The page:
Your letters: politics then and now, U.S Synod, and traditionalism

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Following are NCR reader responses to recent news articles, opinion columns and theological essays with letters that have been edited for length and clarity.

The '60's to now

I very much appreciate Sr. Joan's essay about the state of our politics this year as opposed to earlier times (, May 23, 2024). However, I am a contemporary of Sr. Joan since I was an undergraduate in the 1960s. Today's political environment , in my view, is more toxic. Although our society seemed to be falling apart in the 1960's with assassinations, riots, the war in Vietnam and our government's lies about the conduct of that war, we have a more subtle, and poisonous, brew to deal with today.

During the time when Sr. Joan was teaching history and I was in college our population, I believe, felt at least some trust in our institutions. Our politicians, although not agreeing on all issues, at least were courteous enough to hear each others' views. Today our representatives add to our polarization by questioning not just the views of their opponents but their patriotism. Many of their arguments degenerate into suggestions about the mental acuity of members of the other party and this gives license to their supporters to become equally vindictive in their interactions with those with whom they disagree.

The question we need to ask ourselves is what type of country do we want. If we replace democracy with authoritarianism it will not benefit those who bring this about since they will similarly suffer the consequences. Vindictiveness against others, whom some political actors and media outlets frame as second class, will likewise only bring about a more toxic political environment. If we can not question each other in an atmosphere of comity and respect we will only speak past each other and never come to common ground which is the only way to effect change.

Granger, Indiana


Letters to the Editor

U.S Synod

Bravo to Gina Christian for her thoughtful and comprehensive overview of the diverse perspectives raised in the recent American portion of the Synod ("Report on U.S. Synod…", May 29, 2024). Someone once remarked, "Where there is no tension, there's no growth." In that regard, one could judge the U.S. Synod as an auspicious beginning towards a more egalitarian, inclusive church.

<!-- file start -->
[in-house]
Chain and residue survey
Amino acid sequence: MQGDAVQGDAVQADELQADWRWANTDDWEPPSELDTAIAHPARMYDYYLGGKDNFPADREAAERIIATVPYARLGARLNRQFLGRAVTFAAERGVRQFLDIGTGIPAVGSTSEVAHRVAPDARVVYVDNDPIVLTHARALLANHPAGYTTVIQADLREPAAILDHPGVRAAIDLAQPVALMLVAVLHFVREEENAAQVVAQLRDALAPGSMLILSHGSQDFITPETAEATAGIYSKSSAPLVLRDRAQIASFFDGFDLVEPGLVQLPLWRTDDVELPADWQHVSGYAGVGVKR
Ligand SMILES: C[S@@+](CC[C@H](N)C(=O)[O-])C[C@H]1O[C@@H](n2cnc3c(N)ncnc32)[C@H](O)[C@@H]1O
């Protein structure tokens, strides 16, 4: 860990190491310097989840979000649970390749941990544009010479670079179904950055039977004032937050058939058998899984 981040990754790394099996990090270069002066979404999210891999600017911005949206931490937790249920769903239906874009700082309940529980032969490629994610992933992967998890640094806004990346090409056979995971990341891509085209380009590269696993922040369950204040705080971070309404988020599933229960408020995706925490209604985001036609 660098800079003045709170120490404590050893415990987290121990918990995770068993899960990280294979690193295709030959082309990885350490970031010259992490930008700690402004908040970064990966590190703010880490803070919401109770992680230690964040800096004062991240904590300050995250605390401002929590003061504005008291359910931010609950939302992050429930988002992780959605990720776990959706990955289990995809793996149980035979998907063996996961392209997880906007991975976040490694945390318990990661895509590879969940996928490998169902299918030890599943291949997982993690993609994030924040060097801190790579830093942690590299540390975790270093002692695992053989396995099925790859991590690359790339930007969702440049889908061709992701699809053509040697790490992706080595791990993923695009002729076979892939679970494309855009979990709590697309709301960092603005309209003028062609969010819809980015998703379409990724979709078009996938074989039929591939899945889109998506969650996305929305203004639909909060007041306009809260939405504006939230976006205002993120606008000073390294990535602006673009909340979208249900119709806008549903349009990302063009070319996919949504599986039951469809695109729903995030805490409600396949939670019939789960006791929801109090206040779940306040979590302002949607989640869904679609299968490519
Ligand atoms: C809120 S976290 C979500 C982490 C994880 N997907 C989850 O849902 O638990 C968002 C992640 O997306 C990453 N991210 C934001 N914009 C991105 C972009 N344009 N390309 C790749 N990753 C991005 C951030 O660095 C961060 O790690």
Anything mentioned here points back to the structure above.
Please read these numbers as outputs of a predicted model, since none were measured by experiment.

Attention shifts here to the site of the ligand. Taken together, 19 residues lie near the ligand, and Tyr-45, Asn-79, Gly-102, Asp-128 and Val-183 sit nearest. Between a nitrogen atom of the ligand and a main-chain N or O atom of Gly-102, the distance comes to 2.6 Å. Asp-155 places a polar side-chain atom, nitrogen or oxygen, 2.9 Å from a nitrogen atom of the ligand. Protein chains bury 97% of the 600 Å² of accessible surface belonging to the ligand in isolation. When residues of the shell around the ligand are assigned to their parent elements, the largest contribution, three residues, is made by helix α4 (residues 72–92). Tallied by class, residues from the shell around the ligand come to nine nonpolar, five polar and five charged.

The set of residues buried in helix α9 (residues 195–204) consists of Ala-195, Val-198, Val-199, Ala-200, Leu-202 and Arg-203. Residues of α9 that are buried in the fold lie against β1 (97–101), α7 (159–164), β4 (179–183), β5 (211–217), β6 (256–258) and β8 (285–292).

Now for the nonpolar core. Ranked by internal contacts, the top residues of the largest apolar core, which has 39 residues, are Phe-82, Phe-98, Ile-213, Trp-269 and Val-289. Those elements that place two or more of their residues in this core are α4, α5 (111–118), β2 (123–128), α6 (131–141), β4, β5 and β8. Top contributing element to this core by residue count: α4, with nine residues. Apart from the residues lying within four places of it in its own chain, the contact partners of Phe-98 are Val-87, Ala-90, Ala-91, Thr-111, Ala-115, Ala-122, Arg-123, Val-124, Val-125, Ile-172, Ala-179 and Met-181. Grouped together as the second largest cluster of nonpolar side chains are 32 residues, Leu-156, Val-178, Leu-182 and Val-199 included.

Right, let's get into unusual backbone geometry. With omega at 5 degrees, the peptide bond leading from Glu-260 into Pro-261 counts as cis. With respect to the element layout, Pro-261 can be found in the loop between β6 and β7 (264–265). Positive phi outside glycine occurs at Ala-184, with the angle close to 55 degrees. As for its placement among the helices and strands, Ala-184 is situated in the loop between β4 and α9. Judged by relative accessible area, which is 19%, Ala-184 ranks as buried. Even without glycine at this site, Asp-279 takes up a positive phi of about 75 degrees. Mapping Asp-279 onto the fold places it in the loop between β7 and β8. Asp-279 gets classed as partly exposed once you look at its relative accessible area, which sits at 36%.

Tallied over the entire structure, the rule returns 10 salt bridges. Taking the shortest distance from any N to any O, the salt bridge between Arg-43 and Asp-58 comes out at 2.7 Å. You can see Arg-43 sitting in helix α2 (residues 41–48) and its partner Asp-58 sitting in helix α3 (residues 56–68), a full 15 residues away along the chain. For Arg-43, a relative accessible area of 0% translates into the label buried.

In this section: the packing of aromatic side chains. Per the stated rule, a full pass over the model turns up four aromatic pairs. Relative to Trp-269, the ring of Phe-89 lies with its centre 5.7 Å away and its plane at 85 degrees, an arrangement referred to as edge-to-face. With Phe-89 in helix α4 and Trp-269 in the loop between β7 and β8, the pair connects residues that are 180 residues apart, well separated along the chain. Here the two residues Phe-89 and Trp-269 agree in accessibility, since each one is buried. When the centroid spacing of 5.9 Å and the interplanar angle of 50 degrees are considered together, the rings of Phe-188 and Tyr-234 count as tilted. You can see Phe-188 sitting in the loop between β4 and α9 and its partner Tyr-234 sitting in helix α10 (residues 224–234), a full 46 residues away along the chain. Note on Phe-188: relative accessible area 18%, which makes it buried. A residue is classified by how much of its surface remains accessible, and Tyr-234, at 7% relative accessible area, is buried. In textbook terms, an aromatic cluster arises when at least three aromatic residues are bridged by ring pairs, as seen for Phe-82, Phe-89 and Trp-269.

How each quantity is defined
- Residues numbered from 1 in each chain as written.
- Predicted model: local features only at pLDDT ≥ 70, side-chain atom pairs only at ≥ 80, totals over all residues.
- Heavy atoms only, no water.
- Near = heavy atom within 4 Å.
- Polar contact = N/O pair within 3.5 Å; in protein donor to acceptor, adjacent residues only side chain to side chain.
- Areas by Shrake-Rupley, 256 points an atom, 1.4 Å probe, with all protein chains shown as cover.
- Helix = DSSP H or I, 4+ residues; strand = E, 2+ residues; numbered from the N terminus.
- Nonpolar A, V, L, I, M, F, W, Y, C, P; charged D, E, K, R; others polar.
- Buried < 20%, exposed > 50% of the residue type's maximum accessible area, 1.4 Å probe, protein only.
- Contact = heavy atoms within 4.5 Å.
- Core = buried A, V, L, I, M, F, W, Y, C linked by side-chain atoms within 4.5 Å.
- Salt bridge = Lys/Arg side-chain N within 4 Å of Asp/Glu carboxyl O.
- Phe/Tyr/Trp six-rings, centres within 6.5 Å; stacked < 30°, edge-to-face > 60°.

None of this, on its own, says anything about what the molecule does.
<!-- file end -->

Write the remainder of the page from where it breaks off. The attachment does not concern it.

However, Christian identifies several key long-embedded topics that the church and the faithful must confront if it's to really advance. For one, while American society maintains a grossly imbalanced division of wealth between Haves and Have Nots — an inequality so marked it approximates conditions prior to the Great Depression, U.S. Catholic leadership seems to have largely punted on the issue.

Second, our church culture is rife with ingrained structures and stereotypes that have largely relegated Blacks, women and marginal populations — including LGBT Catholics — as essentially second-class citizens. Yet Jesus' ministry showed a special regard for people shunned by the dominant culture then. So what will be done concretely to address this glaring contradiction? Without a wholesale commitment to addressing these issues, the blighting — even assaults — on these real lives can only persist.

Finally, with powerful domestic forces advocating some form of a unified state religion roughly modeled on Christianity, will the American Catholic church have the chutzpah to resist the lure of enhanced power and privilege that joining such an entity would provide? Will it dare to insist on a church forging its own humane path: a way centered on Jesus' life and deeds and Scripture bravely translated into our fraught times? Or will it instead succumb to religious groupthink, a force sympathetic to emerging autocratic structures that threaten to dash democracy, perhaps irrevocably?

Orleans, Massachusetts


Traditionalism's power felt

In a recent letter to the editor published in NCR Les Joe Schalm spoke on the topic of Traditionalism (, May 24, 2024). He brought up a situation very similar to mine and the traditional return local parishes are taking.  Les mentioned the need to drive many miles to join the celebration of the liturgy in a progressive parish (20 miles each way).

My wife and I live in rural North Carolina. We tried four parishes within the 25 mile range of our home. One is more traditional than the next. Birettas, Latin, Kneeling for communion, etc. Finally we settled on a parish and a 100 mile round trip, just to participate in what should be a standard Vatican II liturgy.

We make the 100 mile journey once a month. The other Sunday mornings we break bread and share the cup in our home.

Tragic yes, but we are getting a new bishop. Maybe some change. Maybe.

Columbus, North Carolina


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